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guard cell

guard cell Either of a pair of cells that control opening and closing of a leaf pore (stoma). Each is a sausage- or kidney-shaped cell whose wall varies in rigidity. The wall bordering the pore is thickened and rigid, whereas the outside wall is thin and extensible. As the paired cells absorb water they swell, and the thin-walled region bends outwards, pulling the nonextensible thicker wall with it and opening the pore. Loss of water has the reverse effect, resulting in shrinking of the guard cells and closure of the pore. Movement of water in and out of the cell is controlled by the transport of potassium ions (K+) into and out of the cell. At sunrise, K+ ions are pumped into the guard cells, raising their internal ionic concentration and causing water to follow by osmosis. Hence the guard cells swell and the pore opens. In order to close the pore, K+ ions are pumped out of the guard cells, causing them to lose water osmotically and shrink.

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guard cell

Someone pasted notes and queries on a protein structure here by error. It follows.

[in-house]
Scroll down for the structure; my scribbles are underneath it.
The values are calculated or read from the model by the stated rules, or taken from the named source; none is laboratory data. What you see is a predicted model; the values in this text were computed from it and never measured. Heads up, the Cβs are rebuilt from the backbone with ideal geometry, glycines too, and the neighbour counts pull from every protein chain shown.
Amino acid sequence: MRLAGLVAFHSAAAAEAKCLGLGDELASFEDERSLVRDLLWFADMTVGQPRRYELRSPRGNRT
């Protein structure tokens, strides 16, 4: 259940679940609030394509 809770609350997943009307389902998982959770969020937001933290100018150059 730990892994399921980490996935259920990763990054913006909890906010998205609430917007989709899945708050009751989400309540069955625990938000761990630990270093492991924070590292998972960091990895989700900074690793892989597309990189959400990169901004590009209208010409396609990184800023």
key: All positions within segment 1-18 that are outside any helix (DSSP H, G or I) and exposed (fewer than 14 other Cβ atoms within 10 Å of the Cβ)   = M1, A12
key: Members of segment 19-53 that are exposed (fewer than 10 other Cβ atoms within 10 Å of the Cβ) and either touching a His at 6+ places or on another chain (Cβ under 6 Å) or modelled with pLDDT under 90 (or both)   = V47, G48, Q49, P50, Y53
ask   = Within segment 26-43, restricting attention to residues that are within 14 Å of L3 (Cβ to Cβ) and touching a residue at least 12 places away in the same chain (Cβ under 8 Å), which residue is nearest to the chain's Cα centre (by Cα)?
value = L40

guard cell A specialized type of plant epidermal cell (see EPIDERMIS), 2 of which surround each stoma. Changes in their turgidity cause stomatal opening and closing. This procees is not fully understood but includes:
a. the effects of the overall water potential of the plant on the stomata;

b. a feedback mechanism, whereby when water is plentiful abscisic acid is formed and stomata open and when water is scarce abscisic acid is not released and the stomata close;

c. low carbon dioxide levels promote stomatal opening;

d. except in CAM plants, stomata normally open in light and close in darkness;

e. generally, an increase in temperature tends to increase stomatal opening.

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